Research has shown a possible link between food dyes and hyperactivity. In fact, the European Union requires labeling of products with artificial colors. (6) Even for those who aren’t following an ADHD diet, these chemicals can be extremely harmful to your health. Stay away from chemical dyes, including Orange B, Citrus Red No. 2, FD&C Blue No. 1 and No. 2, and FD&C Yellow No. 5 and No. 6 (7).

5. Artificial Sweeteners

Did you know that artificial sweeteners pose many of the same health threats as sugar? Well, research has shown that chemical sweeteners affect physiology, which may lead to changes that harm the brain. An ADHD diet should steer clear of artificial sweeteners (8).

Artificial sweeteners live in a lot of foods and drinks, such as the diet versions of popular sodas. Even if you yourself don’t suffer from ADHD, steering clear of foods and drinks containing artificial sweeteners is a great idea since these sweeteners can cause several complications.

There are natural sweeteners you can try in place of those chemical artificial sweeteners. These include stevia, maple syrup, and dates.

ADHD Foods To Eat

1. Omega-3 Foods

Good fats like Omega-3’s are essential for a healthy body and a healthy mind. Studies have shown that Omega-3’s help control behavior and improve memory. Eat foods like avocados, walnuts, chia seeds and dark leafy green vegetables. Eliminate trans fats and fried fats from your diet, like those found in junk food and fast food. (9)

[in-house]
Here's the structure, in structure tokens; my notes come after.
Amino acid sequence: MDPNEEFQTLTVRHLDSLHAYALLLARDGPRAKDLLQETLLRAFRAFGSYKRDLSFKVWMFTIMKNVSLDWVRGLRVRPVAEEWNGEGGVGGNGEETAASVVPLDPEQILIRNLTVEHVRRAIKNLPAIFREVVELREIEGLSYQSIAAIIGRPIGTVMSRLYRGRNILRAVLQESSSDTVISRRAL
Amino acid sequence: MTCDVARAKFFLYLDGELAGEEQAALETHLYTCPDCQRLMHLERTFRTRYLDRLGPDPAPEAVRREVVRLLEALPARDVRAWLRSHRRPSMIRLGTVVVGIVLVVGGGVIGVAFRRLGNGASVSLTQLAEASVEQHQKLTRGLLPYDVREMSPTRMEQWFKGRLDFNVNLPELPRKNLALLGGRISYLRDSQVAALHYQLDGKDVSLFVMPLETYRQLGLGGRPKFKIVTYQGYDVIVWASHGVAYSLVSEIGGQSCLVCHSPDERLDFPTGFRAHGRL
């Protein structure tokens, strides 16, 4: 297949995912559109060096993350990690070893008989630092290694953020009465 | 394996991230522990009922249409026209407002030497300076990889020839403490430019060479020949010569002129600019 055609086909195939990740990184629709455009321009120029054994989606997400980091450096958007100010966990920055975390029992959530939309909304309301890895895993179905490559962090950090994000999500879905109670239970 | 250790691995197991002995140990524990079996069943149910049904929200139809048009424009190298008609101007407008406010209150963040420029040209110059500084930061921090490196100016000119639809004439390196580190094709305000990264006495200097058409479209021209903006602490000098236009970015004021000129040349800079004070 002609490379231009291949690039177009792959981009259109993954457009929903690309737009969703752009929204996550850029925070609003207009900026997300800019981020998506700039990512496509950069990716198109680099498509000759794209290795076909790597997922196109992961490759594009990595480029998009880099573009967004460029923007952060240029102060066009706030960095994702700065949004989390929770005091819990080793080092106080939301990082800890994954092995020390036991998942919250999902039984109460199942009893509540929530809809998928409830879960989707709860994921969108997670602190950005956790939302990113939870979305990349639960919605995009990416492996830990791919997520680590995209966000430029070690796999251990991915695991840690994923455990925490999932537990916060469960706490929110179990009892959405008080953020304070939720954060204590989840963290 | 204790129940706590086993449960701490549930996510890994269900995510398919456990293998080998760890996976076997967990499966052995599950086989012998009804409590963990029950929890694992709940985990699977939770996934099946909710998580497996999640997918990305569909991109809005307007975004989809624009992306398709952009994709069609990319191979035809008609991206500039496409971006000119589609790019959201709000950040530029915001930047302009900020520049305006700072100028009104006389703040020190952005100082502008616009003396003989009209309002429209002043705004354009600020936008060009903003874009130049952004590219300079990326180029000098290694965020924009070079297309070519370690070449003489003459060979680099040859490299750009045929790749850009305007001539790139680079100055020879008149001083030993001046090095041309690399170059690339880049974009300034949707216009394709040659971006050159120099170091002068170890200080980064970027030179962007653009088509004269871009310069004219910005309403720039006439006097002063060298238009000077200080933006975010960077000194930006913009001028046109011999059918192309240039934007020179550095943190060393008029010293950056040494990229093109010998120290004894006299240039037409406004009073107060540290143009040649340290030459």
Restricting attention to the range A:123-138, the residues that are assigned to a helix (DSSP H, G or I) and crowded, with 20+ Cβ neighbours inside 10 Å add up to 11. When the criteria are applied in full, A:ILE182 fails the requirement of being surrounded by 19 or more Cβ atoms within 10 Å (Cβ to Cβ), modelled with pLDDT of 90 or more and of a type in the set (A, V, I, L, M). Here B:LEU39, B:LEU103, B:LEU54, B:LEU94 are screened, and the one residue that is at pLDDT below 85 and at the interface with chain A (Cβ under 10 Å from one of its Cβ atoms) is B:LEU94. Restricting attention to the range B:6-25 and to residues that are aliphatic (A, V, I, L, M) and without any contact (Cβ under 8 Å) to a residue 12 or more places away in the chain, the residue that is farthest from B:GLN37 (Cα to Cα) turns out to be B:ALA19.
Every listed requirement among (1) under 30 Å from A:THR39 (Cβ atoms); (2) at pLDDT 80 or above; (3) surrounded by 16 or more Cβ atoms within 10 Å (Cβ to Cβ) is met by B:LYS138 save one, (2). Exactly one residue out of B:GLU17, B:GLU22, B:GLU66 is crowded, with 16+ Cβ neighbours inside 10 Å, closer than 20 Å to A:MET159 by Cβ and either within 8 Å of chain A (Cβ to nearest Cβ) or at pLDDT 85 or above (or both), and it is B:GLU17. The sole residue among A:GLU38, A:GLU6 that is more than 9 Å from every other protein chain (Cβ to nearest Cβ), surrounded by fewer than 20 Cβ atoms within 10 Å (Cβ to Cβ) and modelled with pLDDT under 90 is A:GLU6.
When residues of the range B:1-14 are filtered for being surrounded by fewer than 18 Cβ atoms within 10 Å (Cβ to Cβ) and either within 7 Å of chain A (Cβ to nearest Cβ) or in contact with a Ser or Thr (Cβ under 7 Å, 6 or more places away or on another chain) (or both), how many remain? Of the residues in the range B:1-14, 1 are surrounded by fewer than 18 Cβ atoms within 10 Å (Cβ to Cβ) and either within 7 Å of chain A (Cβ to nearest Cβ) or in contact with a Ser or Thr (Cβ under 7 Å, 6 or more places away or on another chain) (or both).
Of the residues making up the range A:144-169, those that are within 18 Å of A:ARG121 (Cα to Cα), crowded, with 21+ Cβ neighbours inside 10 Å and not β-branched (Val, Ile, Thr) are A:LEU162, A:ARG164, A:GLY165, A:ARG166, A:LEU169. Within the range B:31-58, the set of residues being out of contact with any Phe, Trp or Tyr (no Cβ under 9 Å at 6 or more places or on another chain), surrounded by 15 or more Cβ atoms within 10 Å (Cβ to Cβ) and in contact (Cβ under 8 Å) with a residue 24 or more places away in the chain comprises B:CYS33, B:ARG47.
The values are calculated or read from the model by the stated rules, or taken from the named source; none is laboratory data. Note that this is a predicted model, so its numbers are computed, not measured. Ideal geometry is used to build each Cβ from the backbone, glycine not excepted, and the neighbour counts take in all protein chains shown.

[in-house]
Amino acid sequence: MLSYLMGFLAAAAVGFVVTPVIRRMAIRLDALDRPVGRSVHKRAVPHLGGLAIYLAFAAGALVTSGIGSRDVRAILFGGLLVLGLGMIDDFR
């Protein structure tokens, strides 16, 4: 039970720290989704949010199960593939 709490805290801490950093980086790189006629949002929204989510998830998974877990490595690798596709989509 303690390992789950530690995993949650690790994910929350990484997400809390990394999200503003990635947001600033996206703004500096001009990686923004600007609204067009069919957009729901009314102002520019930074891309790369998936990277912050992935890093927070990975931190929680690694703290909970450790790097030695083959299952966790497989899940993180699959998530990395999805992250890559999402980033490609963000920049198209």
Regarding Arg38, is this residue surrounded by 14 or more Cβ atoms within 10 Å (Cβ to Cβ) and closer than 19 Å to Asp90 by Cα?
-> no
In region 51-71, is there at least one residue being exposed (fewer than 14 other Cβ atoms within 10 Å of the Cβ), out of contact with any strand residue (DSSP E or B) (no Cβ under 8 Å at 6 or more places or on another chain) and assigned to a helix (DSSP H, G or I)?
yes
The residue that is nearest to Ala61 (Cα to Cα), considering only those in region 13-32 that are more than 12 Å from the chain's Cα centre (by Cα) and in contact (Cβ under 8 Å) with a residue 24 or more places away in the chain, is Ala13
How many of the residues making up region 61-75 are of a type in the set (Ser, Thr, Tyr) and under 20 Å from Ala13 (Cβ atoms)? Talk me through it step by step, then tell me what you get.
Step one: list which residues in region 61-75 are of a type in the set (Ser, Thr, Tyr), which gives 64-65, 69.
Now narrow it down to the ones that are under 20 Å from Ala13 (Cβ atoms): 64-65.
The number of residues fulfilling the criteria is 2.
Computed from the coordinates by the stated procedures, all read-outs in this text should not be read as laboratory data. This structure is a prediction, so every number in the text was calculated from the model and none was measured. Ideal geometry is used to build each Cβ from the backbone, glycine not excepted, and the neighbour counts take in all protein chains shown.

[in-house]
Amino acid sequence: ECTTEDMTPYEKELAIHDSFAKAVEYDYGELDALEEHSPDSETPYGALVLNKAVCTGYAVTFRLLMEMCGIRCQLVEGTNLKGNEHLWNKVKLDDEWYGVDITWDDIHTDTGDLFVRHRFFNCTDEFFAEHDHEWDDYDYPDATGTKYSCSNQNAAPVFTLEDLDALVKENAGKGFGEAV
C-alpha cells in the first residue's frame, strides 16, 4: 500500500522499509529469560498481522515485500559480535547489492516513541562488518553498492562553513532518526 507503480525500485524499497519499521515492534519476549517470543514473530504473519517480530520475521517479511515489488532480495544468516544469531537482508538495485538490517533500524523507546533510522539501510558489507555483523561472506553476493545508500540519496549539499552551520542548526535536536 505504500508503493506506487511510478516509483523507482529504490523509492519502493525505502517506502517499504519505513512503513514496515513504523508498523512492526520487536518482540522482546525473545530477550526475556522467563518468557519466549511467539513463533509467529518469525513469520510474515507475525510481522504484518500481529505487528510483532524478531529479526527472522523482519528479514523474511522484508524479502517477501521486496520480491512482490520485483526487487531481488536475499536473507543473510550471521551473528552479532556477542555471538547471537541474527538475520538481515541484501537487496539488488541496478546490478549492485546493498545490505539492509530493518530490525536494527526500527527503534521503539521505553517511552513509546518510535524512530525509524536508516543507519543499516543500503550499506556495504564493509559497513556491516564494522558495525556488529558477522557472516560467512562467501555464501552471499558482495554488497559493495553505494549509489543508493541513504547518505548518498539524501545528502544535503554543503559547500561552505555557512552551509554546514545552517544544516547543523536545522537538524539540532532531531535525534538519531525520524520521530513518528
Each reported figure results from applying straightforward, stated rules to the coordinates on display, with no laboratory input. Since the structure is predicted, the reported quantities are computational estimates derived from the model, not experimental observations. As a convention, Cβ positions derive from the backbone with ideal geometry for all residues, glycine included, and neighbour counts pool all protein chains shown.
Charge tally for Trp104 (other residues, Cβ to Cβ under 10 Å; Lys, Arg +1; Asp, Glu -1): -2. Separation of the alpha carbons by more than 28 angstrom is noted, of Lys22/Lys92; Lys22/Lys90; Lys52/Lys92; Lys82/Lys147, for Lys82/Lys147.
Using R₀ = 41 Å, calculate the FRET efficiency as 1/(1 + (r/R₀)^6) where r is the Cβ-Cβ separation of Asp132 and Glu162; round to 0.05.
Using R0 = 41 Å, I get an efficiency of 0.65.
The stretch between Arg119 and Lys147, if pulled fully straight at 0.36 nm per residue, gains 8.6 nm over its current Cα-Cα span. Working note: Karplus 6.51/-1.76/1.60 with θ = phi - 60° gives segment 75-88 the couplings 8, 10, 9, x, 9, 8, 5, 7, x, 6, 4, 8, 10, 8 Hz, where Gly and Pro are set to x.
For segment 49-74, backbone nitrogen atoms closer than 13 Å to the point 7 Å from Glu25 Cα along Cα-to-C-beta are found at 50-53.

2. Iron-Rich Foods

According to a 2004 study, iron deficiencies in children may contribute to ADHD symptoms (10). Adding iron-rich foods to your diet can help control hyperactive symptoms. Eat plenty of spinach, lentils, and sesame seeds to get your fill of iron.

3. High-Protein Foods and Snacks

Protein has the ability to boost focus and concentration by balancing blood sugar levels. It also gives your brain the building blocks it needs to maintain brain health. Add foods like quinoa, lentils, spirulina, nut butter, and green leafy vegetables to your diet to stock up on protein.

4. Probiotic Foods

Research has shown that brain health and gut health are connected. Keeping your gut healthy by adding probiotics to your diet can help keep your brain working properly as well. Try a variety of fermented foods, like kombucha, kefir, sauerkraut, and kimchi.

5. Foods High in B Vitamins

B Vitamins are known to help reduce ADHD symptoms (11). They regulate carbohydrate metabolism and help the central nervous system function properly. Eat foods such as sweet corn, legumes, green leafy vegetables, peas, and spinach to make sure you’re getting B vitamins in your diet.

In conclusion, diet alteration can be an excellent first step following an ADHD diagnosis. You will likely have to give up some foods to combat ADHD symptoms. However, in most cases there are many alternatives that can taste just as great without side effects that may go beyond ADHD symptoms.

However, please consult with a medical professional before you (or your child) stop taking ADHD medications a doctor has prescribed to you. While these medications do have negative side effects as well as a risk for abuse, stopping them abruptly or without proper consultation can pose risks as well.